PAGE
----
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Can physical activity reverse the effects of a sedentary lifestyle?

physical activity sedentary lifestyle

New guidelines on recommended physical activity consider ways to potentially counter the health risks associated with a sedentary lifestyle.

It is no secret that regularly getting physical activity is healthy for the body.  Exercise can have a variety of physical health benefits; it can promote heart health, muscle development and maintenance, bone density, maintenance of a healthy body weight, and more. 

In addition, there is an increasing body of evidence supporting the potential mental health benefits of physical health.  It is thought to reduce symptoms of anxiety, depression, and general stress, and it could potentially help with feelings of low self-esteem.  Furthermore, exercise can promote the release of endorphins: compounds naturally produced by the body thought to help reduce pain and increase feelings of happiness.

However, western society as a whole is developing an increasingly sedentary lifestyle due in part to increased sitting, less time for exercise, and jobs requiring minimal physical activity.  In fact, according to statistics published by the United States Department of Health and Human Services (HHS), only a third of American adults get the recommended amount of weekly physical activity.  As a result, many people may not reap the associated benefits.

To educate the public about the relationship between a sedentary lifestyle and adverse health effects on a large-population scale, the World Health Organization (WHO) developed new guidelines on physical activity from a variety of recent studies.  These guidelines were published in the British Journal of Sports Medicine.  The publication also investigates whether the adverse effects of a sedentary lifestyle could potentially be reversed by beginning to implement regular physical activity.

The guidelines outlined different recommendations on light, moderate, and vigorous intensities of physical exercise.  Light intensity exercise would include walking, moderate intensity exercise would include brisk walking or doing lawn work, and vigorous intensity exercise would include running, swimming, or playing sports.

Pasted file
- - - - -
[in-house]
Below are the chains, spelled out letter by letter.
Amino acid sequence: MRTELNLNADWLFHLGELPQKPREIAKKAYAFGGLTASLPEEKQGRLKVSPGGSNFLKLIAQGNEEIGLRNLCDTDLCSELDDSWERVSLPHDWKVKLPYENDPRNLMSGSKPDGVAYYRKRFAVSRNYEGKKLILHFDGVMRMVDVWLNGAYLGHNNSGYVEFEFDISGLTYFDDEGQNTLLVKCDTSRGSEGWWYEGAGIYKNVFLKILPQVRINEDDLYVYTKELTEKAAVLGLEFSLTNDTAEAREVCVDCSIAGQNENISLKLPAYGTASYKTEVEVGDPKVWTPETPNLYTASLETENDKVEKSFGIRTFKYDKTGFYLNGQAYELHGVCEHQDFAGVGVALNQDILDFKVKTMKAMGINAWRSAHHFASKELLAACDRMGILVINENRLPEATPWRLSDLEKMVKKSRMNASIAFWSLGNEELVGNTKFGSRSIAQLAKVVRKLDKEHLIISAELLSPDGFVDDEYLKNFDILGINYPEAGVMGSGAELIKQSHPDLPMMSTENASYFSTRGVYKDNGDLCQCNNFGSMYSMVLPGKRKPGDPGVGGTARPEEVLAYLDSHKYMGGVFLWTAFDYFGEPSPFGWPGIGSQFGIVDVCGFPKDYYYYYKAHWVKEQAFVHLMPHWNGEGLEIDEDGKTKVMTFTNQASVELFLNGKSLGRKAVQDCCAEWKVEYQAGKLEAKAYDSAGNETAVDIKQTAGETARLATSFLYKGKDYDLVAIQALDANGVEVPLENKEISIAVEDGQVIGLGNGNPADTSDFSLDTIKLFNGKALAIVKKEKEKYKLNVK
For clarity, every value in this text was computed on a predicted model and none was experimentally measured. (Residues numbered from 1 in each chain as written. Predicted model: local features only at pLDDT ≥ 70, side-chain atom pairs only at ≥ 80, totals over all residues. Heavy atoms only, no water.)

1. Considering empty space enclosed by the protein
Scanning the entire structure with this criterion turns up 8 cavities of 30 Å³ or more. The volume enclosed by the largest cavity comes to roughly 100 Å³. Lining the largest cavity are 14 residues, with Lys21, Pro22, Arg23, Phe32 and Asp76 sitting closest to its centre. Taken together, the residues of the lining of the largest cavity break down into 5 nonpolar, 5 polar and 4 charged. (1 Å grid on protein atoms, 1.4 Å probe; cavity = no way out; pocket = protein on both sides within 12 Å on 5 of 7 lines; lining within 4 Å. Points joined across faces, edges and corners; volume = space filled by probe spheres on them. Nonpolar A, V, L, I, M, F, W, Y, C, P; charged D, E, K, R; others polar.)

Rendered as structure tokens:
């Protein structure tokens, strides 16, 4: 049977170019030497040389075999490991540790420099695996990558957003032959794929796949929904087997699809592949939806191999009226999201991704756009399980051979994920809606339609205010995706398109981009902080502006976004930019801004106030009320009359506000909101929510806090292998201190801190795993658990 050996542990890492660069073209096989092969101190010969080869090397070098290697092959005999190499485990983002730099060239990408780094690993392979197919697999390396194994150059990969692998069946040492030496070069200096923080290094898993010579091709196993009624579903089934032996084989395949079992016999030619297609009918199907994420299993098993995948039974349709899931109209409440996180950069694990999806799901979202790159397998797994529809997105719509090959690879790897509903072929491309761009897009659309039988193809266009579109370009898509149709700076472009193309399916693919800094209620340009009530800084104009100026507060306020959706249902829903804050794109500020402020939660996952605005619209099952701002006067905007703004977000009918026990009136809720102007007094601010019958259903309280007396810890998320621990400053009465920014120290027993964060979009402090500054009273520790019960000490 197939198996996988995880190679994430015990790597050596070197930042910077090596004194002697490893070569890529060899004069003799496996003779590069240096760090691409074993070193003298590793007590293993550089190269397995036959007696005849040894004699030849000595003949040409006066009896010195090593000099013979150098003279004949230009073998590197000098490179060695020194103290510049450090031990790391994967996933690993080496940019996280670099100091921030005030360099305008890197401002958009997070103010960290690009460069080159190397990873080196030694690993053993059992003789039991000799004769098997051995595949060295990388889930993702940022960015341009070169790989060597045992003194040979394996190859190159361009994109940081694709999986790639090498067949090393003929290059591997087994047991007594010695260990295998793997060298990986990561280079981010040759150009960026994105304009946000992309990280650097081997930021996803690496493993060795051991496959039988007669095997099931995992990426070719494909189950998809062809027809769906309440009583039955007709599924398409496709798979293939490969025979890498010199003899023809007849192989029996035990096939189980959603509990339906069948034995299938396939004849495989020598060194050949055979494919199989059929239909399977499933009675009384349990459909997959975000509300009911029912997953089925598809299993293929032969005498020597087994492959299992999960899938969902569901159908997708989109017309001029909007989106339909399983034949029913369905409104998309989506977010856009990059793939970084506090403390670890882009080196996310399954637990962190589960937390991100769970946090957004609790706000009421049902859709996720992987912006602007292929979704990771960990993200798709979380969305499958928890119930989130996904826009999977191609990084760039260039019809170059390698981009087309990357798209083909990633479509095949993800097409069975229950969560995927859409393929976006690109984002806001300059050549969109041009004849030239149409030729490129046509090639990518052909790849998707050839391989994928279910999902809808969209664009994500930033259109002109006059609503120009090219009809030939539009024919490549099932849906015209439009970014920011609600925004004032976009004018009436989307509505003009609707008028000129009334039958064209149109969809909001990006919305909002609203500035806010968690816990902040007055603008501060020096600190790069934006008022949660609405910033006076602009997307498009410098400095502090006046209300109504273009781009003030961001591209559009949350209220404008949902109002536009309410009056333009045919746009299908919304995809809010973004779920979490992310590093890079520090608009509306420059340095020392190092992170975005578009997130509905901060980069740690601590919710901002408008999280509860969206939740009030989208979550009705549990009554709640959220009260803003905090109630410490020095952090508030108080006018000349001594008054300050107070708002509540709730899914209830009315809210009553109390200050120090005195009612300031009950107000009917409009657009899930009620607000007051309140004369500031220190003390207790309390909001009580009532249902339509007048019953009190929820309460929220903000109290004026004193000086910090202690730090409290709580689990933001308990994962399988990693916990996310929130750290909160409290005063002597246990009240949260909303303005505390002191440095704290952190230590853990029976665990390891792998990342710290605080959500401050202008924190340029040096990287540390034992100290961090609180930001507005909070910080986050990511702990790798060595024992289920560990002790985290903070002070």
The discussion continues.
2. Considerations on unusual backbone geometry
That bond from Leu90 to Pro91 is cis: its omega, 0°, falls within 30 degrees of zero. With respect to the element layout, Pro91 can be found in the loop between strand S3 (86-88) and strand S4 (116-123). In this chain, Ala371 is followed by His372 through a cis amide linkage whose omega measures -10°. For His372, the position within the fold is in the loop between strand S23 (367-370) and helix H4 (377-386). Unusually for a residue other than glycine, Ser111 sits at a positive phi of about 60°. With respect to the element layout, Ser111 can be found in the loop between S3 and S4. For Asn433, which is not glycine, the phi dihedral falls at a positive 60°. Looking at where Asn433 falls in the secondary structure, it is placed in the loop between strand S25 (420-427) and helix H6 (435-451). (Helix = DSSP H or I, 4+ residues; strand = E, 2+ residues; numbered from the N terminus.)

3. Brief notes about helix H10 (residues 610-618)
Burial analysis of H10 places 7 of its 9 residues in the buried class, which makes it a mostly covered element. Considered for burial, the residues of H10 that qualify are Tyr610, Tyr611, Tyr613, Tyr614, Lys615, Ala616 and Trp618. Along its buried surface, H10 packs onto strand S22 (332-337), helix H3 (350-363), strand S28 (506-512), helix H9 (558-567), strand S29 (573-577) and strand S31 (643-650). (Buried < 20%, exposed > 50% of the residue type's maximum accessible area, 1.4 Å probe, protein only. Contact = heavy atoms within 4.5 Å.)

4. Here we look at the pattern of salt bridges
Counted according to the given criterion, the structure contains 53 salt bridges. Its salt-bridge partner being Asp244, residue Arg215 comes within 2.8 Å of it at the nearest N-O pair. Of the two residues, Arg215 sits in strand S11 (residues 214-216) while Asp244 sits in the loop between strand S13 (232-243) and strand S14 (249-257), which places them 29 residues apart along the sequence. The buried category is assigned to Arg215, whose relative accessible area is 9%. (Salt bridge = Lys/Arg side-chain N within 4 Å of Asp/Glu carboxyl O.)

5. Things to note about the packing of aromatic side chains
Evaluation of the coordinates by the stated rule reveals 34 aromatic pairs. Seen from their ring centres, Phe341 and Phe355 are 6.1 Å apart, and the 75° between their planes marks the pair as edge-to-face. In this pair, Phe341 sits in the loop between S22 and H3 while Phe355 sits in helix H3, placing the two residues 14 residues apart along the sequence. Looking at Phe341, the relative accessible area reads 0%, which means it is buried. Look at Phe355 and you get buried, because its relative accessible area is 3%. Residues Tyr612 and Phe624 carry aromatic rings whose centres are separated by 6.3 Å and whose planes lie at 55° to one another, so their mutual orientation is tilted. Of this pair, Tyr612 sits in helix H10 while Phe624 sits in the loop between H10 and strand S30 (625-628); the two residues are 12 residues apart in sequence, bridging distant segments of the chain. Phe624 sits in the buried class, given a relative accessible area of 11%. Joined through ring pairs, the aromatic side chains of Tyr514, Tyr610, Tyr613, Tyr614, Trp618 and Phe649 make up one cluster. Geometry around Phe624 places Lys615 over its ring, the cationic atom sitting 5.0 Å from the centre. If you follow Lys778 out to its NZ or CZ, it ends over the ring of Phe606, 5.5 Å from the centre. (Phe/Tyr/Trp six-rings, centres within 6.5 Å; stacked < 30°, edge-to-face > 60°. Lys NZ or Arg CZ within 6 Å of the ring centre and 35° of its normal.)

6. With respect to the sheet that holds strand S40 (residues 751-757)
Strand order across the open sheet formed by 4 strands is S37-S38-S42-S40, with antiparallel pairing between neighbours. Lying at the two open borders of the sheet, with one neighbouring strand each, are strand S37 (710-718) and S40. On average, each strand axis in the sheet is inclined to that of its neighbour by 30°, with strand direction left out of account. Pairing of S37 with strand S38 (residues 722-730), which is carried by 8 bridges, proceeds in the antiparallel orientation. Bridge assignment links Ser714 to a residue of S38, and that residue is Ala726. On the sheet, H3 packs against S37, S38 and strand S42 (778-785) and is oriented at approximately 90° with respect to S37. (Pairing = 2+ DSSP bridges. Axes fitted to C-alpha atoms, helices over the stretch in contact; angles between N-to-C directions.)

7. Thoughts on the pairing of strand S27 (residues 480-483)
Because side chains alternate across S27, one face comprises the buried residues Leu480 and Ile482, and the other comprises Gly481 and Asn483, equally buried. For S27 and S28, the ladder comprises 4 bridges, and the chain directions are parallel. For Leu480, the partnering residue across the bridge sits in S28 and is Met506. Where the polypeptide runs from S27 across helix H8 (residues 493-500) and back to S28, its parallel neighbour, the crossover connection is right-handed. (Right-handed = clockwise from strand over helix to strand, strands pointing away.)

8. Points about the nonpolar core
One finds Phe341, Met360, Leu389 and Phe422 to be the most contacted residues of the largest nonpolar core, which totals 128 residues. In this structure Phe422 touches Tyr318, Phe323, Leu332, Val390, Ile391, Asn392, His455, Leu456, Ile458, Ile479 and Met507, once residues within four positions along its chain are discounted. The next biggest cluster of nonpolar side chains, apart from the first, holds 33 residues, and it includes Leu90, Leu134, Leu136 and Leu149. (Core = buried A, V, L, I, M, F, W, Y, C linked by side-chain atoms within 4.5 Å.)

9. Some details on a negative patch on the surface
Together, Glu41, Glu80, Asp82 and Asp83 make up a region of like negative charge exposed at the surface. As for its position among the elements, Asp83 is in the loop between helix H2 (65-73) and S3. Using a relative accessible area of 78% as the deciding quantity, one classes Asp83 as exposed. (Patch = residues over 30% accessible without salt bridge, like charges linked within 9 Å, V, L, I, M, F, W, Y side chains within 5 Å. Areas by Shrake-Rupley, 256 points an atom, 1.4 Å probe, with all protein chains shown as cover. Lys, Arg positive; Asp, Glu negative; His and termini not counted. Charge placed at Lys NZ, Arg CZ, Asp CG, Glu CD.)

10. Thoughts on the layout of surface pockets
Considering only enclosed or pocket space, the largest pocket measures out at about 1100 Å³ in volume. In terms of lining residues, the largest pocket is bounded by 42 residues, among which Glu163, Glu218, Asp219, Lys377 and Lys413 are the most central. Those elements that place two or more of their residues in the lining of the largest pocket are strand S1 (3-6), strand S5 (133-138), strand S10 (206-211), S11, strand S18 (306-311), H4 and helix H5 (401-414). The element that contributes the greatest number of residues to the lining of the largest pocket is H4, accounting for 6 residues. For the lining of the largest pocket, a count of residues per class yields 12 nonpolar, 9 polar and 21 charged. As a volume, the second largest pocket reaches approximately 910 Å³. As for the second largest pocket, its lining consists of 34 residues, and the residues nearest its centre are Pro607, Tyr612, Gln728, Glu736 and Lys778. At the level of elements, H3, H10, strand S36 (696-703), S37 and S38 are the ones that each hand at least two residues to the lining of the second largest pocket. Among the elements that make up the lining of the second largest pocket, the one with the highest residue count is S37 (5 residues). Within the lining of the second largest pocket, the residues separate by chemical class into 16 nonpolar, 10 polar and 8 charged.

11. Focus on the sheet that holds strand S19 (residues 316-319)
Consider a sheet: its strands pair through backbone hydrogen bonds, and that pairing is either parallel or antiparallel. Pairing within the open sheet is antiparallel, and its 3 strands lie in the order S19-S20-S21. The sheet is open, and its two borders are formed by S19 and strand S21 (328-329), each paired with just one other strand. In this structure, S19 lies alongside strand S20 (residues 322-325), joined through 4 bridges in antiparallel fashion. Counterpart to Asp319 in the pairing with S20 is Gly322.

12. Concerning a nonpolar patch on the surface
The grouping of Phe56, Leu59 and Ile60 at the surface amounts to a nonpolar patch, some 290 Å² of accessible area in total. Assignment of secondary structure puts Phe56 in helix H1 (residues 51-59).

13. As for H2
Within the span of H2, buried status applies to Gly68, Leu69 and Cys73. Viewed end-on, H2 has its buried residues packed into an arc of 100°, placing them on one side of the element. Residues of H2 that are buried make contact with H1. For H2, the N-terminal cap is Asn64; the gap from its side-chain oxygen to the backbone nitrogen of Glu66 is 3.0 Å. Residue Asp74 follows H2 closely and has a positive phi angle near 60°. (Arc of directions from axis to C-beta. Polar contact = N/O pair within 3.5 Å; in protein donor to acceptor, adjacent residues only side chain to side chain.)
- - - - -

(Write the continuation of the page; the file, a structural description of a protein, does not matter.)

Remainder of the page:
For adults, the WHO suggests getting between 150 and 300 minutes of moderate intensity exercise or between 75 and 150 minutes of vigorous intensity exercise each week.  The WHO also recommends muscle-strengthening activities such as resistance training at least twice a week and moderate strength training at least three times weekly for older adults to prevent injuries.  The recommendations also state that sitting and other sedentary activities should be minimized to help prevent adverse health effects.

Additionally, the article stated that increased physical activity may help reduce the risk of negative health effects associated with a lack of exercise in sedentary individuals.  This is the first time this claim has been made in a large-scale set of guidelines, and this stems from a study of over 44,000 people.  This study found that sedentary adults have an increased risk of mortality; however, when regular physical activity was implemented, their mortality risk decreased drastically. 

The findings of this study suggest that implementing regular exercise could potentially reduce the increased mortality risk associated with a sedentary lifestyle.  More research is needed to determine the strength of this association and how it occurs.  In addition, following the guidelines given by the WHO and finding ways to incorporate physical activity into your lifestyle could potentially be beneficial.

Reference List

Bull, F.C., Al-Ansari, S.S., Biddle, S., et al. (2020). World Health Organization 2020 guidelines on physical activity and sedentary behaviour. British Journal of Sports Medicine 54(24). Doi: 10.1136/bjsports-2020-102955

EurekAlert! (November 25, 2020). American Association for the Advancement of Science. Retrieved December 1, 2020, from https://www.eurekalert.org/pub_releases/2020-11/b-ate112320.php

Sharma, A., Madaan, V., Petty, F.D. (2006). Exercise for Mental Health. The Primary Care

Companion to the Journal of Clinical Psychiatry 8(2):106. Doi: 10.4088/pcc.v08n0208a

Sampson, S. (July 11, 2017). Healthline Media. Retrieved December 1, 2020, from

https://www.healthline.com/health/endorphins

United States Department of Health and Human Services, (January 26, 2017). President’s

Council on Sports, Fitness & Nutrition. Retrieved December 1, 2020, from

https://www.hhs.gov/fitness/resource-center/facts-and-statistics/index.html

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